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    I use the 45 APO and also have a Rodagon APO 50 N. At 8X10 and larger, I can see the difference with these and their counterpart Comp S and Rodagon 50..... Frankly, I can't see the difference between the two APO's. As mentioned, alignment issues become critical at these magnifications/open apertures and will likely account for more image degradation than subtle lens variations. If my 45 has a sweet spot, mine shows ƒ6.3 (also a decent compromise for exposure times and some depth of field forgiveness and edge sharpness) and the Rodagon is similar. I very seldom go so large with 35mm as you are dealing with and do 35 work on a 23CII with dichro head and have not had light fall-off trouble with this combo. I gave in to a Versalab a few years back and this has made everything so easy and accurate to keep tuned correctly. I would encourage considering one and wish someone would have prodded me a bit earlier in my darkroom escapades.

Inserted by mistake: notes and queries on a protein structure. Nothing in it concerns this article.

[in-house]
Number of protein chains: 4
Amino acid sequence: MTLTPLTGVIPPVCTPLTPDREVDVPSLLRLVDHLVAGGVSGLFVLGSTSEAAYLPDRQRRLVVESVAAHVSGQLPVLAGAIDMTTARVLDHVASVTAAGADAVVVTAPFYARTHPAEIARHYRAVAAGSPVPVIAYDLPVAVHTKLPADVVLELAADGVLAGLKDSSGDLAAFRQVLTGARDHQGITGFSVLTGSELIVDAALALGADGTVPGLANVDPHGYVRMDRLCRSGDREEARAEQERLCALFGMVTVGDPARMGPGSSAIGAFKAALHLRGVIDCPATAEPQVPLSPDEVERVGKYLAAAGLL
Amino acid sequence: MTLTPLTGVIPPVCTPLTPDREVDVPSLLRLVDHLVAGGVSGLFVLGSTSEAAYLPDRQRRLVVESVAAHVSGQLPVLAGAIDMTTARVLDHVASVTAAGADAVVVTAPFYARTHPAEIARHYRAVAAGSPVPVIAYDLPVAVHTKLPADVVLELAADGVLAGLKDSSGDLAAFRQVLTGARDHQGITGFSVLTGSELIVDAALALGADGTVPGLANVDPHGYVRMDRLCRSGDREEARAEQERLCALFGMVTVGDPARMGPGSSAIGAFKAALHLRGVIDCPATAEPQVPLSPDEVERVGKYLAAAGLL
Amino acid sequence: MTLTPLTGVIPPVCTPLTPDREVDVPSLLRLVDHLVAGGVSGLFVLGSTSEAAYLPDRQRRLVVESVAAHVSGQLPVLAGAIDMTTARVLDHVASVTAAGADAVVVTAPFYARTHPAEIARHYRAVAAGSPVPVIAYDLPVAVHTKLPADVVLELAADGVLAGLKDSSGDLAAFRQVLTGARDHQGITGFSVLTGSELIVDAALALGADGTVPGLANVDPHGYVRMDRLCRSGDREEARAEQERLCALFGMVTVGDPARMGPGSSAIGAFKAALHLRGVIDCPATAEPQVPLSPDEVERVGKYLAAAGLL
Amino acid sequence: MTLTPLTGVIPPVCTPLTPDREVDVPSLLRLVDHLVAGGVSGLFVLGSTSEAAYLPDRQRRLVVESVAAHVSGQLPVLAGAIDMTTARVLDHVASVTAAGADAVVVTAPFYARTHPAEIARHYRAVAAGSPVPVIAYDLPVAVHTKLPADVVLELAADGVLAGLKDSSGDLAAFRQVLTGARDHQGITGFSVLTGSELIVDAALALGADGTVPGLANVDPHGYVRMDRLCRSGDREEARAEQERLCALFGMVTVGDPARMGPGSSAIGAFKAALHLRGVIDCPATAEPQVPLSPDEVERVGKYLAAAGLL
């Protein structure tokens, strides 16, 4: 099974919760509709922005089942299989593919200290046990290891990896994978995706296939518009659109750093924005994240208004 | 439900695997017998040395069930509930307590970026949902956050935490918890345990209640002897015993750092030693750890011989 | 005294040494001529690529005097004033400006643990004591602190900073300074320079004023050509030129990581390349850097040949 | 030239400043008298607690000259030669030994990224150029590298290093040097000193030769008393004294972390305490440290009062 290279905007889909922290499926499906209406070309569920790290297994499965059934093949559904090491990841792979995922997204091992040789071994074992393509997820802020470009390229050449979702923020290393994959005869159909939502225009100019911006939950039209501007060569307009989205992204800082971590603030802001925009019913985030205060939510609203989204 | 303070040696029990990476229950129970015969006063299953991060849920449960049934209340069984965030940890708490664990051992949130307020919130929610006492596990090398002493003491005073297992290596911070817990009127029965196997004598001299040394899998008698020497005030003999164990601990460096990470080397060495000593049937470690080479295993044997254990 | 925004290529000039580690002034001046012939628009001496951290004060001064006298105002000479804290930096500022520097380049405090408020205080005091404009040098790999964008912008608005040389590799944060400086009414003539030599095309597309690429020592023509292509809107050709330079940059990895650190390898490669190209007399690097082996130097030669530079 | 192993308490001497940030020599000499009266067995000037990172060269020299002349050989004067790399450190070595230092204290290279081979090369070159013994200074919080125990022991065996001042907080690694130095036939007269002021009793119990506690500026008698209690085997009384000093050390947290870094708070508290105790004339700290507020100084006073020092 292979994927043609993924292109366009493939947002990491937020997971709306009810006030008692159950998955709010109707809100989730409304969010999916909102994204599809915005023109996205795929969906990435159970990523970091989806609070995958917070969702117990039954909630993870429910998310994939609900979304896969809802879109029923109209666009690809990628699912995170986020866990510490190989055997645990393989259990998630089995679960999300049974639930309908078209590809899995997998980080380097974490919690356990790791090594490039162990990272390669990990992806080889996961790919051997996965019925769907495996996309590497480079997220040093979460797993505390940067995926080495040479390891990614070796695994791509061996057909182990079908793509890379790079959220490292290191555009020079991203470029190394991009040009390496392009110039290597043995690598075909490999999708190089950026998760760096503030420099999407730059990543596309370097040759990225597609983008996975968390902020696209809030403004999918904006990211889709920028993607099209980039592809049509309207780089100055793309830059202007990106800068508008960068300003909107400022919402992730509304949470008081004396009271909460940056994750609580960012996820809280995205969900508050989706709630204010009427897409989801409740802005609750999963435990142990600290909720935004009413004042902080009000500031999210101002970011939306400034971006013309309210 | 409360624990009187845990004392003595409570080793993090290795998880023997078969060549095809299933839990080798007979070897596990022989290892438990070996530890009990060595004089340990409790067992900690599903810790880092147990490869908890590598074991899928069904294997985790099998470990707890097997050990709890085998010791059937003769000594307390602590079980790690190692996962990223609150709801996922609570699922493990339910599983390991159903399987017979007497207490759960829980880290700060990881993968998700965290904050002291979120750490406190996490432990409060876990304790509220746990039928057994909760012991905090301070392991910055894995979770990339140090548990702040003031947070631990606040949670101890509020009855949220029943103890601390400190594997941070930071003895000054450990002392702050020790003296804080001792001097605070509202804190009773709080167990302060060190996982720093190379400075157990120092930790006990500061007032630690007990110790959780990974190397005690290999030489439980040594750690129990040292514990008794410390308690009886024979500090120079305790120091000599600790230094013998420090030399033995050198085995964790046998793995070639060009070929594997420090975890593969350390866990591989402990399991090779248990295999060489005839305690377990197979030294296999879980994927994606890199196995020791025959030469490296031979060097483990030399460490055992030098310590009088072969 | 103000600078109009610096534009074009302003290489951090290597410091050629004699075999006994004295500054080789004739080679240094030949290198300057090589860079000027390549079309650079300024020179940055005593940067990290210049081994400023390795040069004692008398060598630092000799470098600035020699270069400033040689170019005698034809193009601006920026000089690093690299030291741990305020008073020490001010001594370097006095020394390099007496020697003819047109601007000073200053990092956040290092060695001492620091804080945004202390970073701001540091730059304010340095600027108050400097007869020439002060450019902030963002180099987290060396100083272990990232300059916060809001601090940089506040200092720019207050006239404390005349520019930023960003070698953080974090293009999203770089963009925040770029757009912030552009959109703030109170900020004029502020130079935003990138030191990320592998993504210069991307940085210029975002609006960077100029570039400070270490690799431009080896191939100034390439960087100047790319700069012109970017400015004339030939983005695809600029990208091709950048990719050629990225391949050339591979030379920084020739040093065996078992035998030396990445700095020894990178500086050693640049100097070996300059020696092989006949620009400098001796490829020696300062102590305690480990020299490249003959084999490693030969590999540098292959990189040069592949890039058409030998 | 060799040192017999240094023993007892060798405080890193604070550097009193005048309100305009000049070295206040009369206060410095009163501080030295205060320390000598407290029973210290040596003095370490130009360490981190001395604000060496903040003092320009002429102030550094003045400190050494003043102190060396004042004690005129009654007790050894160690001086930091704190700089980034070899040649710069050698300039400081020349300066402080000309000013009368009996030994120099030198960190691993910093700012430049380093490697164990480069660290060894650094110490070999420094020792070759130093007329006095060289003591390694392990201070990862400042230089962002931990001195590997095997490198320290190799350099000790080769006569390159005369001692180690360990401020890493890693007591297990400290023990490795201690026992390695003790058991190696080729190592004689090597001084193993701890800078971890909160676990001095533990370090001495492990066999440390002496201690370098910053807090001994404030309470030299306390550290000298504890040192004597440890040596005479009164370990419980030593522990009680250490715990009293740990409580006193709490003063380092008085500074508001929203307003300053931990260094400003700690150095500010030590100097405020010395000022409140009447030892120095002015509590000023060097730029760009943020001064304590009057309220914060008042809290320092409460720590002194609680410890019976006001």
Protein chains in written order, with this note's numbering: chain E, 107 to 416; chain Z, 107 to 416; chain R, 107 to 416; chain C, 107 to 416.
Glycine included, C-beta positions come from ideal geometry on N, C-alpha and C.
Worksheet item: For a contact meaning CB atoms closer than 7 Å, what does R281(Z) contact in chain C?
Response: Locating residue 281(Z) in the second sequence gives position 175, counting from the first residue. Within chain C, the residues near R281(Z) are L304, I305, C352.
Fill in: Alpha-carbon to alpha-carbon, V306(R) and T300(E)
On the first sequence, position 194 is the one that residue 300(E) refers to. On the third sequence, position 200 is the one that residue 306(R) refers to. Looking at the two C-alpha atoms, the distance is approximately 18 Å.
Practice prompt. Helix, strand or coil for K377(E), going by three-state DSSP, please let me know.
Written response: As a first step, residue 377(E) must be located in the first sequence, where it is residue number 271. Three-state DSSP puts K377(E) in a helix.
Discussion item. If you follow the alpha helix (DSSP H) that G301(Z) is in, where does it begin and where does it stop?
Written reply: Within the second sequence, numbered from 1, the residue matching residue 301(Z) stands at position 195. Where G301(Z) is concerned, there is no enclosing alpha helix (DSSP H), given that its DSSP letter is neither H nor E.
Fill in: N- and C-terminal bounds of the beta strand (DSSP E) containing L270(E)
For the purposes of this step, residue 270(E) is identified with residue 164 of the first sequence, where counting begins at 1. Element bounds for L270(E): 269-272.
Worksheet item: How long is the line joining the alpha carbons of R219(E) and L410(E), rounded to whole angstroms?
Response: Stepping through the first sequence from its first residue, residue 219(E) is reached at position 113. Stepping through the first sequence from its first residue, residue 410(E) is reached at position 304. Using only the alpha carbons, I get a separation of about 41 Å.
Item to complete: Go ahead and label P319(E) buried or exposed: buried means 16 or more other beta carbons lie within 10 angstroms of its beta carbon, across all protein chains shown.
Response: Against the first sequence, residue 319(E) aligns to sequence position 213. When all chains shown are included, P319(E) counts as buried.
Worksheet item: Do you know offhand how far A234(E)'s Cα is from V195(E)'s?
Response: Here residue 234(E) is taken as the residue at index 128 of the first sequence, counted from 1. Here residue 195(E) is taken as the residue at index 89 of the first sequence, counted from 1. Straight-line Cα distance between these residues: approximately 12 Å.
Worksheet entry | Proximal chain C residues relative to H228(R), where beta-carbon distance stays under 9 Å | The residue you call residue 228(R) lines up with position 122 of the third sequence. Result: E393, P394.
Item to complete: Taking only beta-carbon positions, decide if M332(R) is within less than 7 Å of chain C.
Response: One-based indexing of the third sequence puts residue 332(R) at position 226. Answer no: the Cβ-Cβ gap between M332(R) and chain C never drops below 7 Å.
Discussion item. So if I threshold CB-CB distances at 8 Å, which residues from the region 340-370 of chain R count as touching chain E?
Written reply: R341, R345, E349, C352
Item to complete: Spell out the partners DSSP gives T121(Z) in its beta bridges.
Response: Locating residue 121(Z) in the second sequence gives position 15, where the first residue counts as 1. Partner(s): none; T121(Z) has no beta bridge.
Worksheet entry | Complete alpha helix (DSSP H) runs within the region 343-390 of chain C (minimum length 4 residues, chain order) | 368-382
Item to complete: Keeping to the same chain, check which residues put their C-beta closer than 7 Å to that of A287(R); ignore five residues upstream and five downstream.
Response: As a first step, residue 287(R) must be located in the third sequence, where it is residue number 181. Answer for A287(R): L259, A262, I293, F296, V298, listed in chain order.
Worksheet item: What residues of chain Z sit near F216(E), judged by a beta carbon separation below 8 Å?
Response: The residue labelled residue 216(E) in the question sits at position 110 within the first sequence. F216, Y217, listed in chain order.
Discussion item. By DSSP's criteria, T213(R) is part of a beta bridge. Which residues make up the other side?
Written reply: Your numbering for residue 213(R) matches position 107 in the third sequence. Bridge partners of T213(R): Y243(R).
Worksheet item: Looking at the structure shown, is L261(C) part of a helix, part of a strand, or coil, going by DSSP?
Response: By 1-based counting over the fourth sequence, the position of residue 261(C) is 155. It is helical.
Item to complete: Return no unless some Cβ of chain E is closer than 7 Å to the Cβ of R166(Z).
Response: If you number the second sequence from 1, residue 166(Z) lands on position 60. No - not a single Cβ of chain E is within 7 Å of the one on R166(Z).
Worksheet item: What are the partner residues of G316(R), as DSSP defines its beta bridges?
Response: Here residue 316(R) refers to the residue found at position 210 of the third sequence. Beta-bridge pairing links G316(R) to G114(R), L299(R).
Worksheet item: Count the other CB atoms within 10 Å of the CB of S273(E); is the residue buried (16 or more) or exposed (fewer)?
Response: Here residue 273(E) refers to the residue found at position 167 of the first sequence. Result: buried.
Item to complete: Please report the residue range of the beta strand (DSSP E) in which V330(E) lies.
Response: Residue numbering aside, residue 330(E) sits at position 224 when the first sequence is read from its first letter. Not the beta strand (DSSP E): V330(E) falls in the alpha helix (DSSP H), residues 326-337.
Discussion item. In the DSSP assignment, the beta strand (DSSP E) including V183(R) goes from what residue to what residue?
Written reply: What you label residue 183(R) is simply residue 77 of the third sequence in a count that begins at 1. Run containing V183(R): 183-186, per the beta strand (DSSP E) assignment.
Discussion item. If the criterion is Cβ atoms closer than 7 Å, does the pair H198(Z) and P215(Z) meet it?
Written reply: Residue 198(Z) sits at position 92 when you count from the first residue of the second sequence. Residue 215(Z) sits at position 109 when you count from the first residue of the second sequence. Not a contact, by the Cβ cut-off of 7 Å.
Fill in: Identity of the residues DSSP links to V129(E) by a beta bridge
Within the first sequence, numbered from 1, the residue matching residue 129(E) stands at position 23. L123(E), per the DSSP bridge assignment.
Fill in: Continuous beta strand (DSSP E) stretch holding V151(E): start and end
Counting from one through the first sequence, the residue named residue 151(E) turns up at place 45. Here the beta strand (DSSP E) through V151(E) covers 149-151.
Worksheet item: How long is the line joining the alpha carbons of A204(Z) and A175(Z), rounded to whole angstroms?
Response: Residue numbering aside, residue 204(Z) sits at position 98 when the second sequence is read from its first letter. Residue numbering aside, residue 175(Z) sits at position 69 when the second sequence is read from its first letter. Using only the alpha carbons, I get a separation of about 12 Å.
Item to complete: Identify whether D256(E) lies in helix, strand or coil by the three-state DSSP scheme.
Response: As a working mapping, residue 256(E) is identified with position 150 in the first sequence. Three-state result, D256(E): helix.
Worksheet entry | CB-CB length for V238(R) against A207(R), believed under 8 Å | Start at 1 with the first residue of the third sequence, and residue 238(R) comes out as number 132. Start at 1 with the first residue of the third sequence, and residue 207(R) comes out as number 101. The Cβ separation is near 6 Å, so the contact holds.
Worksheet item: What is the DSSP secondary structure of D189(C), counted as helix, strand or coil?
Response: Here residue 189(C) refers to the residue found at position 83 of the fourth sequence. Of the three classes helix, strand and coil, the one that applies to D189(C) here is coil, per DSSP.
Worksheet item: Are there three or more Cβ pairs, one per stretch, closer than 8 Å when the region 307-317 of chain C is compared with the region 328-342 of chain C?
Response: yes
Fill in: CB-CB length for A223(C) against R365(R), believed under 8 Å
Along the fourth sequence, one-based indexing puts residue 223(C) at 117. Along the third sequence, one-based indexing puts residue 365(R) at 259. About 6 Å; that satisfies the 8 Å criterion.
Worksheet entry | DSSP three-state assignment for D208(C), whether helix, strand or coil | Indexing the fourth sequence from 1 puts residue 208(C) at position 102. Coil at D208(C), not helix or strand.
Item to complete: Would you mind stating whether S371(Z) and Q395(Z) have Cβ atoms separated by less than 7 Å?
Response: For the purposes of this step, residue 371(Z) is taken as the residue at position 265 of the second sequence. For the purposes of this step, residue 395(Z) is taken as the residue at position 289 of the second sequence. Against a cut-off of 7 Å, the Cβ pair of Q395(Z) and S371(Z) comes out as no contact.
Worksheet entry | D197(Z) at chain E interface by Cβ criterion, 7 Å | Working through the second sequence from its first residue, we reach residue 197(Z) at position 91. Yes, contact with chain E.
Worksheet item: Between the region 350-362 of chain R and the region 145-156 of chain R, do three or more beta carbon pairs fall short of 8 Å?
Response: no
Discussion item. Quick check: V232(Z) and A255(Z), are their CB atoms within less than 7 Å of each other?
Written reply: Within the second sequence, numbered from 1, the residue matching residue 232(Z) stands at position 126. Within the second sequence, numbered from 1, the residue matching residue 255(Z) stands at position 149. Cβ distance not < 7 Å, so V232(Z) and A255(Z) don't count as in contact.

Craig Schroeder

  3. #13

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    I do use the Versalab, level absolutely everything (incl the easel of course) and will hopefully be getting my hands on a 60mm lens to see if there is any change. The shame is that my 105mm is so insanely sharp, but too long a FL. with grittier lower res images the 80mm is fine (not as sharp as my 105), but when the 60 or 63mm arrives it will be interesting to see what happens. I have a feeling that something is going on withs crunched up bellows or something and it is not all about the lens coverage/mag ratio. I will report back when i have tried something a touch longer than 50mm.

  4. #14

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    I use an APO componon HM 45mm f/4 to print large prints of 35mm...mostly 16x20 and 20x24. I generally try to stop down to f/5.6 if I can, but in my experience it has been wonderfully sharp straight to the corners using a glass carrier. I used to have an 105mm APO EL-Nikkor, and I sold it because I just could not see a difference in the prints between it and the schneider, and the schneider was so much easier to work with given the focal length and aperture (and lighted aperture index, stop-down lever etc).